Out of all the well-rounded items, few were strikingly excellent. The Vietnamese soup left a delicious aftertaste that one could savour for hours after the meal. The Peking or Beijing duck, a dish with a history of over 400 years, was glistening on the table, waiting to be thinly cut. As one waited at the counter with anticipation, a server cut it and placed it either directly on their plates or made a thin roll out of it. Every bite was a beautiful combination of crisp, succulence and mild sweet.

In the main course, while all the items were delicious, the pumpkin oil and garlic-flavoured rice was stellar and stood out. The Macha Slice cake was a delightful end to the expansive spread. 

Prawn Sushi

Chef Kharbanda’s meticulous selection of dishes highlights the diversity of South East Asian flavours, from Thai stir-fries to Burmese Khao Suey. “We’ve handpicked dishes from each country to create a cyclic menu,” he shares. “It’s about showcasing the breadth of flavours while ensuring it resonates with the taste buds of our guests.”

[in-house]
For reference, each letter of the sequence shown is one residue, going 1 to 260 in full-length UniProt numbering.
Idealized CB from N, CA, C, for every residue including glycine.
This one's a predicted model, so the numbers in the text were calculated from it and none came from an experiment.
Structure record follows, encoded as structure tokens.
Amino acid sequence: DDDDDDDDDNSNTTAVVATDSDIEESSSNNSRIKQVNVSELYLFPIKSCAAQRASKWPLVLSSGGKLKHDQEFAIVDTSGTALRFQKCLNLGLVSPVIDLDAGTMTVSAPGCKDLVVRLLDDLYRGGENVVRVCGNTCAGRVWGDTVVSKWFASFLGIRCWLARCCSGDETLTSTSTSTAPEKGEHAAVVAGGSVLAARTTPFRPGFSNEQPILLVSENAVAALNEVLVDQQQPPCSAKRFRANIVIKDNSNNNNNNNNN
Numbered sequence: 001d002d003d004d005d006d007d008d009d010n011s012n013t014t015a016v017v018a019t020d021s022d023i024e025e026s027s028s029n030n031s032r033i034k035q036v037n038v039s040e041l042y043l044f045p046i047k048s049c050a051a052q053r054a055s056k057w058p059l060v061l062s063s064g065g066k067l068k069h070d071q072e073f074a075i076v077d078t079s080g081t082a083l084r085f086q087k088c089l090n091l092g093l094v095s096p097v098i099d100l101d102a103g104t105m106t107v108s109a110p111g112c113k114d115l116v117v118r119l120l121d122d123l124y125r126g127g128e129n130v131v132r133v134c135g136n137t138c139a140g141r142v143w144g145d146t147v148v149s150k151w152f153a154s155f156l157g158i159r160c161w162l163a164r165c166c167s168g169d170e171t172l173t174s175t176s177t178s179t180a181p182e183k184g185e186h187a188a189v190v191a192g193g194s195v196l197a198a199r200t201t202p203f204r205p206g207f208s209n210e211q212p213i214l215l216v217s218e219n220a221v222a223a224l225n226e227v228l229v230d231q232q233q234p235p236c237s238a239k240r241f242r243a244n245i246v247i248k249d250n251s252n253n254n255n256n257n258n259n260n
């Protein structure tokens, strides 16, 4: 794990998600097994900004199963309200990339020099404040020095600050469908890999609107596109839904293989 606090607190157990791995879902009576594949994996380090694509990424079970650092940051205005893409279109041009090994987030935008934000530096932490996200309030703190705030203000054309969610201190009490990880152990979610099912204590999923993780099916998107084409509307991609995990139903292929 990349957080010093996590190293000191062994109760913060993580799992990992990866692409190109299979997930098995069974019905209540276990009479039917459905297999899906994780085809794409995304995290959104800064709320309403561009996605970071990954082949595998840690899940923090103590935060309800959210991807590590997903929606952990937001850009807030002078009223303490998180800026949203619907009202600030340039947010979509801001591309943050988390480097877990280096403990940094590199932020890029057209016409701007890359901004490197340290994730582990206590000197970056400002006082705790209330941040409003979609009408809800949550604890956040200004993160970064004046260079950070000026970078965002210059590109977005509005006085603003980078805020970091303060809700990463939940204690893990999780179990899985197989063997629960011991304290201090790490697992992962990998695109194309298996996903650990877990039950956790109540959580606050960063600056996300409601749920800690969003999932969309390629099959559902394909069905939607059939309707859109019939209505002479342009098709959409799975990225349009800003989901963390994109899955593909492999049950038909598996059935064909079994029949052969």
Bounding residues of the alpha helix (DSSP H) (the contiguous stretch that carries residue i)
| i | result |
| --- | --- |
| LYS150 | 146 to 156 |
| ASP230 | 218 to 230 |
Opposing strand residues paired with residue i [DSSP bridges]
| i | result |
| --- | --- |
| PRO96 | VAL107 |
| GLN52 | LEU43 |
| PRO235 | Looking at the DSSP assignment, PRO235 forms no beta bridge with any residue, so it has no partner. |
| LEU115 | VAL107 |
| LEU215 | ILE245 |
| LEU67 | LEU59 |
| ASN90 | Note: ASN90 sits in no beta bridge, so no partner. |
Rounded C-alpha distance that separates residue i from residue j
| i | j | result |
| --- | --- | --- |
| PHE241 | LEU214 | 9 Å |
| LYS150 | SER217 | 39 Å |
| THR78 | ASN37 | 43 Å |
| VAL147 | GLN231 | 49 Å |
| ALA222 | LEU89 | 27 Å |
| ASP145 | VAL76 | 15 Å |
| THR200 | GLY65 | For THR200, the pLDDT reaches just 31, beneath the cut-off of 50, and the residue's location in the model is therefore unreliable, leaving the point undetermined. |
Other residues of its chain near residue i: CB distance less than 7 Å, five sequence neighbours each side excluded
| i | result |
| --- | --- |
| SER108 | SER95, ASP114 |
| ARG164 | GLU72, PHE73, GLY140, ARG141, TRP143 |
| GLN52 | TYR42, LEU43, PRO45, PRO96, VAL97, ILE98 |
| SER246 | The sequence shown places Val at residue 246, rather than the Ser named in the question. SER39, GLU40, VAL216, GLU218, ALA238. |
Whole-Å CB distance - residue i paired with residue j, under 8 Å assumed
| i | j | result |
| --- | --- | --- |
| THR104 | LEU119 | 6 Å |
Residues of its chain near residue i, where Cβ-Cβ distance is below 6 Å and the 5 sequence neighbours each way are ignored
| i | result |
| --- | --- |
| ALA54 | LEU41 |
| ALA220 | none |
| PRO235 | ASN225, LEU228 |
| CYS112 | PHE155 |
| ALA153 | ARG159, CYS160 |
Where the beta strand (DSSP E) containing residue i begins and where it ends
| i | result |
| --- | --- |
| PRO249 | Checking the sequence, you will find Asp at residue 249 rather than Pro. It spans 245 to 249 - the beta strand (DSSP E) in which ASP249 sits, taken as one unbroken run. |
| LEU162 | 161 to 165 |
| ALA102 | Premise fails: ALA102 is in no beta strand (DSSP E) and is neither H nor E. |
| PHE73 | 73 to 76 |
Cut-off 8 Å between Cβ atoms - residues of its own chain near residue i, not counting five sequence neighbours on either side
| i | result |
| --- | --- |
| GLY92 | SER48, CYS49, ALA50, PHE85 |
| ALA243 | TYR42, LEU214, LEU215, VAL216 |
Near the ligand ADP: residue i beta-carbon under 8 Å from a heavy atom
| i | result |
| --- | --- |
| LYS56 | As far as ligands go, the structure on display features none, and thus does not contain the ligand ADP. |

“People here often miss out on experiencing a wide array of great food due to their restrictive diet preferences. Introducing them to flavours beyond the typical North Indian cuisine can be quite a challenge,” he said.

Pumpkin oil and garlic steamed rice

General Manager Shubhankar Jyoti emphasises the festival’s inclusivity, with an equal focus on vegetarian options alongside meat and fish dishes. “We want everyone to savour the rich tapestry of South East Asian cuisine,” he remarks.